The truth is that we are the sum of many parts. Some of them are what draw people in… some of them are what keep people sticking around forever.

Do you think ugly rock stars spend much time worrying about WHY women like them?

Attractiveness is a sales tool — nothing more. You’ve probably heard the expression, “See that hot woman over there? Some guy is getting sick of screwing her right now.” It acknowledges a basic truth — looks can only get you so far. Personality, emotional stability, playfulness, generosity — those are the things that keep men hooked on you. This is a central tenet of “Why He Disappeared”. Yes, he has to be attracted to you, but long-term relationships are forged in something much deeper.

Every man knows that there will always be someone younger, hotter, and thinner than his wife… He makes a choice to forgo those women because of what he stands to lose.

Your concern is a real one, Martine. Rich men with nothing going for them WILL lose their golddigger wives when they lose their money. Hot chicks with nothing going for them WILL lose their shallow husbands when their looks fade.

But that’s not you. And it’s not your boyfriend.

He only knows you as you are now — smart, strong, successful, and, after $40,000 in plastic surgery, a lot more physically attractive. Take heart in the fact that you were able to afford the kind of changes necessary to increase your dating pool, and don’t spend anymore time second-guessing how you got there.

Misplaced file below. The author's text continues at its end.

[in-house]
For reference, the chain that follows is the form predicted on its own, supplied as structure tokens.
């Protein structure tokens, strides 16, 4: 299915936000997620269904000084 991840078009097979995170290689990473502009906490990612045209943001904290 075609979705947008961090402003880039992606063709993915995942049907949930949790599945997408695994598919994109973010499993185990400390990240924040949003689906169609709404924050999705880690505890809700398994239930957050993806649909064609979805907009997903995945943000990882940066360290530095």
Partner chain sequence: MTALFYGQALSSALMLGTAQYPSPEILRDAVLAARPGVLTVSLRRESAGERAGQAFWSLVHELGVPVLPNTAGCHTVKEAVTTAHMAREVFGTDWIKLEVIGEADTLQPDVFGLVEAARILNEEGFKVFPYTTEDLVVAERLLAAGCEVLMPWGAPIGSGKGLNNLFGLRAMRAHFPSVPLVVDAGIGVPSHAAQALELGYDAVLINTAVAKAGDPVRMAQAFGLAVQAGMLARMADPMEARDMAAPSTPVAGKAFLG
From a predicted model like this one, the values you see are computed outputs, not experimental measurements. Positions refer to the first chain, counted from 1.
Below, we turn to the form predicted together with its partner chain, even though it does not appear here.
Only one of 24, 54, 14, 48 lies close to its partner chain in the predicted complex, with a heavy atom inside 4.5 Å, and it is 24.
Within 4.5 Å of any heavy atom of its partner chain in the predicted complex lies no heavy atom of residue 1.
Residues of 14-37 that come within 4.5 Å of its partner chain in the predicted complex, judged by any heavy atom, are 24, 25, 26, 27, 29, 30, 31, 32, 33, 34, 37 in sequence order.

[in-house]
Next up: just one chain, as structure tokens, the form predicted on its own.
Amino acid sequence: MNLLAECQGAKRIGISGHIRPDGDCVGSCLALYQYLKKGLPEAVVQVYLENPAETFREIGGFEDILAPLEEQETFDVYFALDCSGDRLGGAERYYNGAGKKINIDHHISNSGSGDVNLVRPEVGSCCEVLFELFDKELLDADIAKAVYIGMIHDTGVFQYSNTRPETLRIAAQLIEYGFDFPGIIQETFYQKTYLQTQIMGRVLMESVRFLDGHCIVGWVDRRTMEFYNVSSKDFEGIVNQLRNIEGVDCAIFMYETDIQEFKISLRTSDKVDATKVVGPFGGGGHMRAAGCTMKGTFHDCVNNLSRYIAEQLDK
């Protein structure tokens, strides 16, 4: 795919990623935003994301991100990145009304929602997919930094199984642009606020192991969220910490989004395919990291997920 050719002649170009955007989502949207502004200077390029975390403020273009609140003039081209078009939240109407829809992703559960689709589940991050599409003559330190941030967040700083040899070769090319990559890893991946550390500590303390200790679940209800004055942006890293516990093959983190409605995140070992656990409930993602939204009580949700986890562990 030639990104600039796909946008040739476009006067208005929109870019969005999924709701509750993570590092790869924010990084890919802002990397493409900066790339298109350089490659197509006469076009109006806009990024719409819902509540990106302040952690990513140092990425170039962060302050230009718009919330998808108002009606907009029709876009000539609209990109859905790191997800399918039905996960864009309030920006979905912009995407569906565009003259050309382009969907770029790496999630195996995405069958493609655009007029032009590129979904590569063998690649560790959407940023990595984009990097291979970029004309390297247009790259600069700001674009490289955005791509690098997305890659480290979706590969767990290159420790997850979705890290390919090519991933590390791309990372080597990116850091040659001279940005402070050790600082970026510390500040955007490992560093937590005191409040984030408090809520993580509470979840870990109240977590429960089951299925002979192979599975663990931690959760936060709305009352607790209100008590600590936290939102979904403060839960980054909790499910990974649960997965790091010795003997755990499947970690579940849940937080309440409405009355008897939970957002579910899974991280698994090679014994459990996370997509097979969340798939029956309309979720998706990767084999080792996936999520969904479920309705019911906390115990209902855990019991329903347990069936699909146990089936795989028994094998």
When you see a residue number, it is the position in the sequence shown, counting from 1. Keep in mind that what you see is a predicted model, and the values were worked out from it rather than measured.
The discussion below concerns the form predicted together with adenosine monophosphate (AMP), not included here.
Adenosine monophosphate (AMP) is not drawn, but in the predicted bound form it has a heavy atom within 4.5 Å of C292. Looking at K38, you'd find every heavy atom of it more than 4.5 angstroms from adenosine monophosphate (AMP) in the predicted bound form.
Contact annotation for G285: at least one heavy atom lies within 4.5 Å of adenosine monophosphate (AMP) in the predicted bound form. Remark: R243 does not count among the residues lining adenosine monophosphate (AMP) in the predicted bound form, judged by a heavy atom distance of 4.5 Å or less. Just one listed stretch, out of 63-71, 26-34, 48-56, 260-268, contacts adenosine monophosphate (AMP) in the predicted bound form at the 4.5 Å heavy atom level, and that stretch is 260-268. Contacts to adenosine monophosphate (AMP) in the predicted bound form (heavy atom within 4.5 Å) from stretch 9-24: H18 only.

Your very reasonable insecurities only stand to mess up the good thing you’ve already got going. Please report back and let us know how it goes.

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Comments:

  1. 101
    SS

    I’m late on this one, but I appreciate Sayanta chiming in on this. I think the racial issues here are being overlooked.
    As a black woman who is not mixed race, but sometimes mistaken as such, I know that there are a number of successful “alpha” black men who are specifically seek out a lighter-skinned/mixed-race black woman. They might have spent their dating lives chasing whites (particularly blondes), but because of social/racial/community “obligations,” will choose to marry black.
    BUT, the catch is that the black woman selected will rarely be dark with pronounced African features… she will often be fairer or mixed-race.